Outside of the high energy punk rock part though, that's where the comparisons between to two pretty much end. Things are much, much more agitated here.
On the EP's title track, it sounds as if the guitars are run through a meatgrinder, the vocals howl and growls as if they're making a feral call for help from the bottom of a brimstone burning pit and the tempo is unhinged and gives an impression that it is about to explode, throwing bits of piercing shrapnel all over the neighborhood.
It's followed by "Garbage Blood", which has a pop-tinge but with whiplash causing stop/starts which would rather scorch hearts with napalm than touch them with a chewy and sweet melody. The synths that accent both tracks make it all feel even more blackhearted.
The generally dystopian take on rock-n-roll here is aptly capped off with a Tubeway Army cover with the band taking "You Are In My Vision" and making it resemble something like a very sinister outtake from Wire's Pink Flag.
Johnny Ill's songs are for the everyman. Not in some blustery and blue-collar anthem kinda way though. More like of the finding fascination and poetry in the mundane day to day sort.
His latest release (the first from him in a couple of years as well as the first release done with his most recent gang of musical partners in crime), Congratulations, is full of such moments. "Hamtramck Island" whose lyrics seem like the recapping of a day walking around the Detroit borough the song is named after has a bit of a Jonathan Richman vibe to it. It's as jangling as some Modern Lovers songs could be but it's also a bit more jittery and rattled. The same sort of thing, but a little more sparse in its accompaniment, can be said about "Third & Blaine."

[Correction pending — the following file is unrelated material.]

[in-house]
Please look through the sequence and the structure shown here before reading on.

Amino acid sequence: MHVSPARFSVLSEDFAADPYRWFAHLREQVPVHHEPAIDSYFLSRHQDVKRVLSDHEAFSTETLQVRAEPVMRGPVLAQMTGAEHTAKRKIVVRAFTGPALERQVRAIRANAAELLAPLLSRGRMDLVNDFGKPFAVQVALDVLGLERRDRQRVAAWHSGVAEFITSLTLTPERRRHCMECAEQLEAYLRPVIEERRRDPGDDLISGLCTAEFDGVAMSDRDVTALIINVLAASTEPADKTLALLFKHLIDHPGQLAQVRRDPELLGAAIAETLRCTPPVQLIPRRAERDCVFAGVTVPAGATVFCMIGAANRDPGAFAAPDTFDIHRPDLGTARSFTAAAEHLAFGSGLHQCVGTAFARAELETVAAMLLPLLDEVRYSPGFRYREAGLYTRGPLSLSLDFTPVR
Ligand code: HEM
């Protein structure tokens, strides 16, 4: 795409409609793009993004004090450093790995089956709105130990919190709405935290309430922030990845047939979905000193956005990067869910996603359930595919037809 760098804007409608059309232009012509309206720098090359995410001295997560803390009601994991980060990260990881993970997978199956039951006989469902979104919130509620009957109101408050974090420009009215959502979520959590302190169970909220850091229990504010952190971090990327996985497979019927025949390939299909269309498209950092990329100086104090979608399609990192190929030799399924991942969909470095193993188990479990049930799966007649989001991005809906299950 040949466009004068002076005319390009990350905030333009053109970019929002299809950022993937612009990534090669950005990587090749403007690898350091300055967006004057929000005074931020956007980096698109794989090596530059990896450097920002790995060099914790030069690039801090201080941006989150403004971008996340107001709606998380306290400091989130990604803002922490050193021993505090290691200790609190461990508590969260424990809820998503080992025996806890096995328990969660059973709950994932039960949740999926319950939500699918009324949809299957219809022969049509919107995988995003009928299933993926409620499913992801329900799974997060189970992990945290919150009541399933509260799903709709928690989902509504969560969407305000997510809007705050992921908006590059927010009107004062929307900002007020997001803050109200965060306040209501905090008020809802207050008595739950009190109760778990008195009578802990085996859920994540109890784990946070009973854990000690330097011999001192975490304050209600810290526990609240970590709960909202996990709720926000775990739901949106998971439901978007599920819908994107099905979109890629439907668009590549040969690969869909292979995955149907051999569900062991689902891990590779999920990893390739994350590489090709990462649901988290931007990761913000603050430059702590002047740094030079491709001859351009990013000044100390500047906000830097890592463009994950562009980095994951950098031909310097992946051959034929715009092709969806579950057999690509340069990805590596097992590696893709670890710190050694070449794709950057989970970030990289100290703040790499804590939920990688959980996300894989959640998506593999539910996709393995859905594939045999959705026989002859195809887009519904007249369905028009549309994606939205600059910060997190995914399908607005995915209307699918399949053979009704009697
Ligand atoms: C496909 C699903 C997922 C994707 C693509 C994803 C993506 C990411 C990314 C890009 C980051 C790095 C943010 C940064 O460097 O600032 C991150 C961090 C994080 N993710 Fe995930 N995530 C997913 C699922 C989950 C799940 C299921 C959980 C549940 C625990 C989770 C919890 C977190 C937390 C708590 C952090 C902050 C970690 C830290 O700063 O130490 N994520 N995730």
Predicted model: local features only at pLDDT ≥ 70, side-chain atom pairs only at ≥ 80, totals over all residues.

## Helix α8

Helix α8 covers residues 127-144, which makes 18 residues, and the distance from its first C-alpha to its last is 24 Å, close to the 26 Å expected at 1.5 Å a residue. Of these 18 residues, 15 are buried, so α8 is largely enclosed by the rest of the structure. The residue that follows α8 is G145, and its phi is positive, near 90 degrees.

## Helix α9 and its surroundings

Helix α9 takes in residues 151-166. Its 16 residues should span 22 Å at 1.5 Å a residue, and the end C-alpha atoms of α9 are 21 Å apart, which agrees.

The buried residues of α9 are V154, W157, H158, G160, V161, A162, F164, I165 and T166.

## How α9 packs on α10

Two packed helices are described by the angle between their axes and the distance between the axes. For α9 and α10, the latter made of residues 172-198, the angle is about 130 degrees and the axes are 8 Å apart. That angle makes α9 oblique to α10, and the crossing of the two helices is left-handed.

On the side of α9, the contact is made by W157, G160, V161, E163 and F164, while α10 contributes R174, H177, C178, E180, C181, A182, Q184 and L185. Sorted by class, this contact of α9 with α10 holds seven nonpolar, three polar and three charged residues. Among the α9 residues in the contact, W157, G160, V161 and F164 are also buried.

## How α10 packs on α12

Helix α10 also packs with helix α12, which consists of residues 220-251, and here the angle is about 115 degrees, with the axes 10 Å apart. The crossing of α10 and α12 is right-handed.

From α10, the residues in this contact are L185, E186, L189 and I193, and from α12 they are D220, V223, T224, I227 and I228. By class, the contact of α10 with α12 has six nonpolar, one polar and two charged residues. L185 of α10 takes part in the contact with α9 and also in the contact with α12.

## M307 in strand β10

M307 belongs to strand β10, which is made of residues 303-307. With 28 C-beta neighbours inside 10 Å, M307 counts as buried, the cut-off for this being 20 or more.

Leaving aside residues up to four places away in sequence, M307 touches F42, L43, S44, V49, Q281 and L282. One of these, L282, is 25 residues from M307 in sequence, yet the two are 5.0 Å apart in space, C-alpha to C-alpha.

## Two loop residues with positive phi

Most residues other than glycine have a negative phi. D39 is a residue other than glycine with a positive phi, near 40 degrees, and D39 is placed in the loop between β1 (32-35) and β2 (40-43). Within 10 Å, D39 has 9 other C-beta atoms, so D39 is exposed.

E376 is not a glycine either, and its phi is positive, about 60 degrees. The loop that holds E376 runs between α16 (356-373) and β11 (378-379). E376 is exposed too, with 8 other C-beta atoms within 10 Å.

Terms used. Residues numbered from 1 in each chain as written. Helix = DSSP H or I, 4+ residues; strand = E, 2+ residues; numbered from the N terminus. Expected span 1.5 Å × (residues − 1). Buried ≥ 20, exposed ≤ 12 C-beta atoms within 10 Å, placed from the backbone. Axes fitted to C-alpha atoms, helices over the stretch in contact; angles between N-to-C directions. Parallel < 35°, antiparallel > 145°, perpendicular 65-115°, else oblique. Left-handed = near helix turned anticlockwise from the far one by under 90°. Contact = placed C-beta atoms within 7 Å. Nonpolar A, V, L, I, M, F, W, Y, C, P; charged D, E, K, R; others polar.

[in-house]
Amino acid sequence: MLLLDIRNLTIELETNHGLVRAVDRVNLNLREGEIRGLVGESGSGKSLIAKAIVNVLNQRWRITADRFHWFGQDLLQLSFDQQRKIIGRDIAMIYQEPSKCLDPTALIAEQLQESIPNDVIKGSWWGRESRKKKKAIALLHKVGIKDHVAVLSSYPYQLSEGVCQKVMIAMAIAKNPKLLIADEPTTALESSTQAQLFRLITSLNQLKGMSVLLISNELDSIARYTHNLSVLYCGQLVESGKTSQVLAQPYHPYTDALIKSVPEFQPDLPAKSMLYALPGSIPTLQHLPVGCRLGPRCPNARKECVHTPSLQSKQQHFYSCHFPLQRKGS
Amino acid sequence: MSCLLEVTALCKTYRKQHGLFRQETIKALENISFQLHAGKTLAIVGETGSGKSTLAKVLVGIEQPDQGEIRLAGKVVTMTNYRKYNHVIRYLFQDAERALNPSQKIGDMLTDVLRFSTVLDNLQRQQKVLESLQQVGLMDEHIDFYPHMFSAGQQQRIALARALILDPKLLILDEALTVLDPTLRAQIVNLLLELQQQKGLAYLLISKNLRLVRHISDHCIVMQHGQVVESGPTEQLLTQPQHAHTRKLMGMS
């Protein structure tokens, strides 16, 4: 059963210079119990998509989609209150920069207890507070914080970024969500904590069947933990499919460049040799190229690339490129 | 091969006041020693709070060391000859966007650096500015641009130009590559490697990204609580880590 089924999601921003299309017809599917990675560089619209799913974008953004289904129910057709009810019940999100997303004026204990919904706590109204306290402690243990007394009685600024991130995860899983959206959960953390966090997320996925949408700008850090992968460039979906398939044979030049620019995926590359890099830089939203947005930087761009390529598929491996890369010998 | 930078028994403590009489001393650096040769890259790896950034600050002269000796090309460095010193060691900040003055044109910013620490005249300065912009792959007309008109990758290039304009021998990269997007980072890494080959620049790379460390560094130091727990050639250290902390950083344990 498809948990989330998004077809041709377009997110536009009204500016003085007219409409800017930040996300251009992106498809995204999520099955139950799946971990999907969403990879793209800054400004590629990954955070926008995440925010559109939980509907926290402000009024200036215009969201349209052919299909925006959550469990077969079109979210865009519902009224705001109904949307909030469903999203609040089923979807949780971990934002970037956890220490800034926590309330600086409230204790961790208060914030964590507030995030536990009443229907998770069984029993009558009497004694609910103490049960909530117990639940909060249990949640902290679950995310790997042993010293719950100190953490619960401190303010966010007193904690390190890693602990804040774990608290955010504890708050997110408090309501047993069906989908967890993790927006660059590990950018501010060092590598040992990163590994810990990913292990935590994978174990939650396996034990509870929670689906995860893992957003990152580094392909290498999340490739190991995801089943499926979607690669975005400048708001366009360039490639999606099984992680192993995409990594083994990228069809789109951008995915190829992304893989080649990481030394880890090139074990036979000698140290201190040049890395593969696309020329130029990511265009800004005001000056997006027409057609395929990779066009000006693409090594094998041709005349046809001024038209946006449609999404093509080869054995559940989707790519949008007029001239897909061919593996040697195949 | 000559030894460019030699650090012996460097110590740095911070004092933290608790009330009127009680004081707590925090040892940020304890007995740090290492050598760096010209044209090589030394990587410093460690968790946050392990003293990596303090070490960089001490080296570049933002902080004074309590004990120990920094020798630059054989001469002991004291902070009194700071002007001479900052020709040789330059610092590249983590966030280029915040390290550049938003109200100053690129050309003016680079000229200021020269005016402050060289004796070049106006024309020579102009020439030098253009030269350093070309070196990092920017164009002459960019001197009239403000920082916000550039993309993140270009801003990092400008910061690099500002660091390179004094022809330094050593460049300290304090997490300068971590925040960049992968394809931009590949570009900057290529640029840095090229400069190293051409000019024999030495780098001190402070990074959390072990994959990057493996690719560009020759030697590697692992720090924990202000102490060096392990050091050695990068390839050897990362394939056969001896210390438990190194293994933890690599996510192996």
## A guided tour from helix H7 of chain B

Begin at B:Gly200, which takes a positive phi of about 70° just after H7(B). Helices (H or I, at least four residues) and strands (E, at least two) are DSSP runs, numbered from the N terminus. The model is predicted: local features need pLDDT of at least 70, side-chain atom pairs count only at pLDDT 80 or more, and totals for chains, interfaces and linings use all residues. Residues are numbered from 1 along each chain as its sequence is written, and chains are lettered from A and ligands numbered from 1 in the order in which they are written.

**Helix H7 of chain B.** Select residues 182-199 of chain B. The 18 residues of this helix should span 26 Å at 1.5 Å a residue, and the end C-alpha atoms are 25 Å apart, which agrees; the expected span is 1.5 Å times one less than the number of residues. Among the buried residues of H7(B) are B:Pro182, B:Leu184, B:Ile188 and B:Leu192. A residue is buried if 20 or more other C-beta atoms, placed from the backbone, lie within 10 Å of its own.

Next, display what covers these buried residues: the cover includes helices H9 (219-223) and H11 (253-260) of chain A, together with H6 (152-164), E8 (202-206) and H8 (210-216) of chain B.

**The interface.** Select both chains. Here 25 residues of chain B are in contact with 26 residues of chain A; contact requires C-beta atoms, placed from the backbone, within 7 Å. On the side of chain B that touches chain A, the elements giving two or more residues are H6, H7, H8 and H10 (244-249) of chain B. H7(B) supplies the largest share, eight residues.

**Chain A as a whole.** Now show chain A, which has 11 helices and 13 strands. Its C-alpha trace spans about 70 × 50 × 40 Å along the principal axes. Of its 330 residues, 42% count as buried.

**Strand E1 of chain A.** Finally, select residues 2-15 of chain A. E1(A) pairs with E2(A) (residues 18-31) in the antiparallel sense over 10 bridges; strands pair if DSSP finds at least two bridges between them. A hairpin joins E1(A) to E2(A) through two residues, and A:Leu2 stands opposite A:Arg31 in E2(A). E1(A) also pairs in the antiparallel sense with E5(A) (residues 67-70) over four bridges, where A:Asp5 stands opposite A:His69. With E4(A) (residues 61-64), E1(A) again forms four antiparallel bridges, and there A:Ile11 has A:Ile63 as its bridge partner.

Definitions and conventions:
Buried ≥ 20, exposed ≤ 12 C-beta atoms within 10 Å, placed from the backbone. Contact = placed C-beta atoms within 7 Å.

While such off-centered and noisy pop proves to be a delight here, the songs stretch a bit beyond that. "One Year Plan" has Mark E. Smith squigglings all over it and "Birds" resembles the first couple A Certain Ratio singles if they grew up playing in midwest basements stocked with plenty of Stroh's.
Their breakfast at this place was one of the legendary cheap "hangover cures" in the area. That was ages ago as the place has been long gone for a while now. How was the rest of their food? I never knew but figured there was more than just one reason why it was always (semi-lovingly) referred to as the El Rauncho.
Shot on a Holga 135BC using Kodak Vision3 100t film.
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On a scorcher of a summer day recently I had the thirst for a pop. A really sugary one. A Faygo Red Pop or Rock-n-Rye was on my mind. The party store I stopped in didn't carry any Faygo. Is that even legal in the state of Michigan?
Though the Cat Nouveau show originates out of Portugal, he scours the planet for the rudest, wildest and sickest rock-n-roll sounds.
A violently kaleidoscopic whirl of new punk rock and the latest garage rock from all over the world is what's served up. What's that weird flavor of the colors you're tasting? Well, it's either blood or cyanide!